# Thread: Vector space and its subspace

1. ## Vector space and its subspace

Let $\displaystyle V$ be a vector space, and let $\displaystyle W \subset V$ be its subspace. Is it true, that there exists a space $\displaystyle W'$ such that $\displaystyle V = W \oplus W'$?

It is clear for finite-dimensional spaces (you can work with bases, and matrices)! However i have no clue how to do this in the general case? Is it really true, or is there any counterexapmle?

2. ## Re: Vector space and its subspace

do you believe in the axiom of choice?

if so, then every vector space has a basis. this includes W. so we may assert we have a basis B for W, and can extend this to a basis C for V.

define W' = span(C\B).

(there are some vector spaces for which such bases have never been adequately described. the usual example is the real numbers as a vector space over Q. R is uncountable, so any basis has to be uncountable, so explicitly listing one is out of the question).

3. ## Re: Vector space and its subspace

Originally Posted by Deveno
do you believe in the axiom of choice?

if so, then every vector space has a basis. this includes W. so we may assert we have a basis B for W, and can extend this to a basis C for V.

define W' = span(C\B).

(there are some vector spaces for which such bases have never been adequately described. the usual example is the real numbers as a vector space over Q. R is uncountable, so any basis has to be uncountable, so explicitly listing one is out of the question).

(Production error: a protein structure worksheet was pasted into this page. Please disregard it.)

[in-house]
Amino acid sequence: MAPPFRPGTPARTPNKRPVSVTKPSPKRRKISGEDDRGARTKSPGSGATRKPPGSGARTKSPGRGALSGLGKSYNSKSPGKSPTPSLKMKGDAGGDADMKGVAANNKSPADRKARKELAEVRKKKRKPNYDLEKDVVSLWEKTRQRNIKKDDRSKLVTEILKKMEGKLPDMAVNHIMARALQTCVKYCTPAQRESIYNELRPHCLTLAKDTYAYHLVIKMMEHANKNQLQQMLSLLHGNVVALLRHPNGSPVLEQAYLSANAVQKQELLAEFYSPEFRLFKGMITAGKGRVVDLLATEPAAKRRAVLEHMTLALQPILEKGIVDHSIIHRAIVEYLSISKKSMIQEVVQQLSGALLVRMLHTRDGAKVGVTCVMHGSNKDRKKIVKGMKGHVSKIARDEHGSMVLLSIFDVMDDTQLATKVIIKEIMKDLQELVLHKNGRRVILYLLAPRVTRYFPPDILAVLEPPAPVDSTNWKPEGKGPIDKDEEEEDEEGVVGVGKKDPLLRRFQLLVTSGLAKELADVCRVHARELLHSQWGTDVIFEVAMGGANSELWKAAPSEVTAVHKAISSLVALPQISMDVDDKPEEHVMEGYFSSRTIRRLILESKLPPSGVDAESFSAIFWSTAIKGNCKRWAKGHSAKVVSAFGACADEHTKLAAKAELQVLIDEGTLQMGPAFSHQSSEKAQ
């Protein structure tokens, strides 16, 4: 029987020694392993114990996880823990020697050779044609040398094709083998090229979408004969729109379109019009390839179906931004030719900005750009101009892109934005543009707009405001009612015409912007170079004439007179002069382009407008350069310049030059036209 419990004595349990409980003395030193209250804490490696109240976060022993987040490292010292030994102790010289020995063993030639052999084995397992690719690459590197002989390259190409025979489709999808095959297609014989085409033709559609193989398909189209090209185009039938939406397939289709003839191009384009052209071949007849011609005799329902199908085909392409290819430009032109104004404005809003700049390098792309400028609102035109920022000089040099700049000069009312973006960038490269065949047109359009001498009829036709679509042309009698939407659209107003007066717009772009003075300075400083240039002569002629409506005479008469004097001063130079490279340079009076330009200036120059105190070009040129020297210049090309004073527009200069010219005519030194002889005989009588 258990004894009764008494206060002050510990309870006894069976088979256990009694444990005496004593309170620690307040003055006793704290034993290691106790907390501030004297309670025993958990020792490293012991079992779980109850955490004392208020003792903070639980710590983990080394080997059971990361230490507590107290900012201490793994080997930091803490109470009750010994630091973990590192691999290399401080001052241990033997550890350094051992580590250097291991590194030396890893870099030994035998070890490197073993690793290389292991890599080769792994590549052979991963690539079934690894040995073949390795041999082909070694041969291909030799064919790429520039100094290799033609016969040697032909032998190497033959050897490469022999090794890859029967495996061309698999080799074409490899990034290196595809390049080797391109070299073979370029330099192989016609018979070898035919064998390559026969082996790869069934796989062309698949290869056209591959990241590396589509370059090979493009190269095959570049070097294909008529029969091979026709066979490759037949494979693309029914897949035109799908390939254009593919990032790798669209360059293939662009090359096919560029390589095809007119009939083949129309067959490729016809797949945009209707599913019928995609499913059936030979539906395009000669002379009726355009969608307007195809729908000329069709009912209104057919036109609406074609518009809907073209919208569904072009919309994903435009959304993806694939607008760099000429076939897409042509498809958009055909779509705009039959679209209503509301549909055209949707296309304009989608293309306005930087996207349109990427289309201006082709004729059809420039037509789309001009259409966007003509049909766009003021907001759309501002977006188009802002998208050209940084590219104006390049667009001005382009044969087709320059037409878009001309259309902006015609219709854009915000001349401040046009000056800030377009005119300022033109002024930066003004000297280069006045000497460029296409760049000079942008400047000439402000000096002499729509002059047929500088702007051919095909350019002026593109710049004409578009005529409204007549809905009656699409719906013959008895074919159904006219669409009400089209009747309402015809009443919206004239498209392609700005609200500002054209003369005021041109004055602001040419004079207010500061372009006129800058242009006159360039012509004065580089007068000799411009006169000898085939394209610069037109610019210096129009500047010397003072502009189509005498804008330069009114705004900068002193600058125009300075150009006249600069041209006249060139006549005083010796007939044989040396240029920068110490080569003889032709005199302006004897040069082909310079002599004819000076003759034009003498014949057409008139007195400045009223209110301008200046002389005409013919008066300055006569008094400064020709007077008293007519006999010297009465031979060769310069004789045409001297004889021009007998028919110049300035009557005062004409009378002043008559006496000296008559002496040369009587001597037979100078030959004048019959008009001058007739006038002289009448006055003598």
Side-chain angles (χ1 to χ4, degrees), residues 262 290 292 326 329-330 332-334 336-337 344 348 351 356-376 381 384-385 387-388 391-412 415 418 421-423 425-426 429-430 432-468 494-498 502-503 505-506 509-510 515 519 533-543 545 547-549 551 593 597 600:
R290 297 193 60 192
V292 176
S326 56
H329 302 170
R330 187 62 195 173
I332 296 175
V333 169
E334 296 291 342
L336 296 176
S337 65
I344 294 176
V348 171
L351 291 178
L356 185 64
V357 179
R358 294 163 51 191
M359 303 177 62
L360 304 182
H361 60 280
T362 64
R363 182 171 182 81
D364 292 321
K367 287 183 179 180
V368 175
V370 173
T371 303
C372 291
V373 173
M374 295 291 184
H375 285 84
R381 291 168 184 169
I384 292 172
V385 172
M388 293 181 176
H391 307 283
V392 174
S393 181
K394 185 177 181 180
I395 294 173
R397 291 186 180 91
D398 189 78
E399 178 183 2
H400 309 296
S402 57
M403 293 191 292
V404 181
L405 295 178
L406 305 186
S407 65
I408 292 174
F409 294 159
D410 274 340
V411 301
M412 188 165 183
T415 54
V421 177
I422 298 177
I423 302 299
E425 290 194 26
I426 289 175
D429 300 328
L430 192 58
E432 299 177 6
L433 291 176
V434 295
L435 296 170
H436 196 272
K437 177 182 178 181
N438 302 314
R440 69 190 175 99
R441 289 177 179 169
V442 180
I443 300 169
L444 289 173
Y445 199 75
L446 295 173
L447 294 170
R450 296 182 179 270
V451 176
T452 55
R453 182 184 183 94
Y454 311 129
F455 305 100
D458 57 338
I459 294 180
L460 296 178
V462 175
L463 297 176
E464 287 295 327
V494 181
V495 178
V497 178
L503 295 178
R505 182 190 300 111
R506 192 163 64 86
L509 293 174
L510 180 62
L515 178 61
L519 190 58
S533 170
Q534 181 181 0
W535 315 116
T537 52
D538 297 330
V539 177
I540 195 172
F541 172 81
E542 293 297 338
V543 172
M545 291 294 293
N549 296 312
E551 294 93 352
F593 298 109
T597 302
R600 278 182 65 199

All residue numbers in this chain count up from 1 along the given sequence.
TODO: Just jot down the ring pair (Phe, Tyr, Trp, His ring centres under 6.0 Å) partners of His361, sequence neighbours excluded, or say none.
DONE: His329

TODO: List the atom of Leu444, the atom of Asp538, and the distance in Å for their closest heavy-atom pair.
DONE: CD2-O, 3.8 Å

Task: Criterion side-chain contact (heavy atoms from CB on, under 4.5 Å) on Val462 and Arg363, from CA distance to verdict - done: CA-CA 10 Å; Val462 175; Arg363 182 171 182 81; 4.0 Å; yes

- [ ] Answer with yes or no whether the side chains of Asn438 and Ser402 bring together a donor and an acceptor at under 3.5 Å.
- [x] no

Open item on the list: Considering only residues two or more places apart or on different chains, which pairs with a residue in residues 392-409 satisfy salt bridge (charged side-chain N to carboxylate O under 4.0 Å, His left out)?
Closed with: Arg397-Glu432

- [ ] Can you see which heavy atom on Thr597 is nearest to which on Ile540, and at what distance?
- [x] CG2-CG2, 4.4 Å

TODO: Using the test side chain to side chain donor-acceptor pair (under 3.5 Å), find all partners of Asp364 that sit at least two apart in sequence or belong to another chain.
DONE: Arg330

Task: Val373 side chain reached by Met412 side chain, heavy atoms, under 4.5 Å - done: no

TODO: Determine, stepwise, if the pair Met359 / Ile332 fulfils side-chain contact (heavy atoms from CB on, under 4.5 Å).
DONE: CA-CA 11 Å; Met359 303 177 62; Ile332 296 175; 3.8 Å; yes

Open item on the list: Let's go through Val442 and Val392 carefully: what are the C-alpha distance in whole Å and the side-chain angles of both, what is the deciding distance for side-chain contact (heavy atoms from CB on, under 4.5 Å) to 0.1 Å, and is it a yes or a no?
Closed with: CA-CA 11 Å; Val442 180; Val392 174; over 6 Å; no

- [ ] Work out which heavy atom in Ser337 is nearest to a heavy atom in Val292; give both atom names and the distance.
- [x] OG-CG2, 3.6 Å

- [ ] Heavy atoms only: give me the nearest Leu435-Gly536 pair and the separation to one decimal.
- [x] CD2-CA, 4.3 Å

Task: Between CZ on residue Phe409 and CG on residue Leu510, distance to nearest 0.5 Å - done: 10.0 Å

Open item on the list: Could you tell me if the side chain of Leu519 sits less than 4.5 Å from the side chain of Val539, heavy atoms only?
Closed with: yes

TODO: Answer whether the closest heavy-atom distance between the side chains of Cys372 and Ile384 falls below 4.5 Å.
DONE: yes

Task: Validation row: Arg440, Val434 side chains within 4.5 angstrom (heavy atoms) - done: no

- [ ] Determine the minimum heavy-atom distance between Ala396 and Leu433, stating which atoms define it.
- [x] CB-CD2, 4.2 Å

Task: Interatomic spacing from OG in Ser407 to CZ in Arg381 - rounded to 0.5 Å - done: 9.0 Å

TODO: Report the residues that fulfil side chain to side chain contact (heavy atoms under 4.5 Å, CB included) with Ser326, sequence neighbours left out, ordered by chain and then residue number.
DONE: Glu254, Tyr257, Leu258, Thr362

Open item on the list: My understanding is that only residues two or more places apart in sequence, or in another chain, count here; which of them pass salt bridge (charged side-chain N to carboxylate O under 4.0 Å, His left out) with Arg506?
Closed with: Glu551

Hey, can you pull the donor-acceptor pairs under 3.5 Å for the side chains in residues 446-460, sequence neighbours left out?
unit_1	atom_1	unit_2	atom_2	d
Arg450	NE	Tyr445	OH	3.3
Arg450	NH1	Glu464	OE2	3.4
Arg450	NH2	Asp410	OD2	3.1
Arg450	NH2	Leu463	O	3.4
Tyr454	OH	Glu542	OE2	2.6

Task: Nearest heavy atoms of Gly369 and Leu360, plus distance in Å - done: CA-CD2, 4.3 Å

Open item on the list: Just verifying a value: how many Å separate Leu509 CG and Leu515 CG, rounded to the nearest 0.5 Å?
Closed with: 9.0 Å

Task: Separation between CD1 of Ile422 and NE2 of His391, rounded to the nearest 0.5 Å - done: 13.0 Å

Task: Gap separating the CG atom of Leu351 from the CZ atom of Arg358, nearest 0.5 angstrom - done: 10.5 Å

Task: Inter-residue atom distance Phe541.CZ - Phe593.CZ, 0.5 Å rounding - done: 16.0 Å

Yes, I know, that when assuming axiom of choice every v. s. has a base. But I haven't seen in any book, the theorem allowing me to extend the base of the subspace to some base of space. Naturally this would allow us to prove the above theorem.

4. ## Re: Vector space and its subspace

well, it's clear we can pick a basis B for W. consider the set L of all linearly independent sets of V that contain B. B is in L, so L is non-empty. L is also partially ordered by inclusion.

for each chain C in L, define C' = UC. clearly, C' is an upper bound for C. let {x1,x2,...,xn} be any finite set of vectors in C'.

since each xj is in C, there is some element Cj in C with xj in Cj, thus some finite union in C, C1 U C2 U....U Cn containing {x1,x2,...xn}
such that xj is in Cj for 1 ≤ j ≤ n.

since C is totally ordered, there is some Ck where 1 ≤ k ≤ n, such that Ck = C1 U C2 U...U Cn, so {x1,x2,...,xn} ⊆ Ck, and since Ck is in L, {x1,x2,...,xn} is linearly independent.

but this means C' is in L (since any finite subset of it is linearly independent).

so by the axiom of choice (ok, zorn's lemma, whatever) L has a maximal element, M, which is a basis for some subspace of V.

suppose y is in V - span(M). let {v1,v2,....,vn} be any finite set of vectors in span(M), and suppose that:

a1v1 + a2v2 +....+anvn - by = 0. if b = 0, for every such set, (and choice of coefficients) then a1 = a2 =...= an = 0, by the linear independence of M,
but then M U {y} is linearly independent, contradicting its maximality.

but if for some such set b ≠ 0, then y = (a1/b)v1 + (a2/b)v2 + ...+ (an/b)vn,

contradicting our choice of y. so there must not be any such y, so V - span(M) = Ø, so M is a basis for V, that contains B as a subset.

5. ## Re: Vector space and its subspace

Thank you, that is great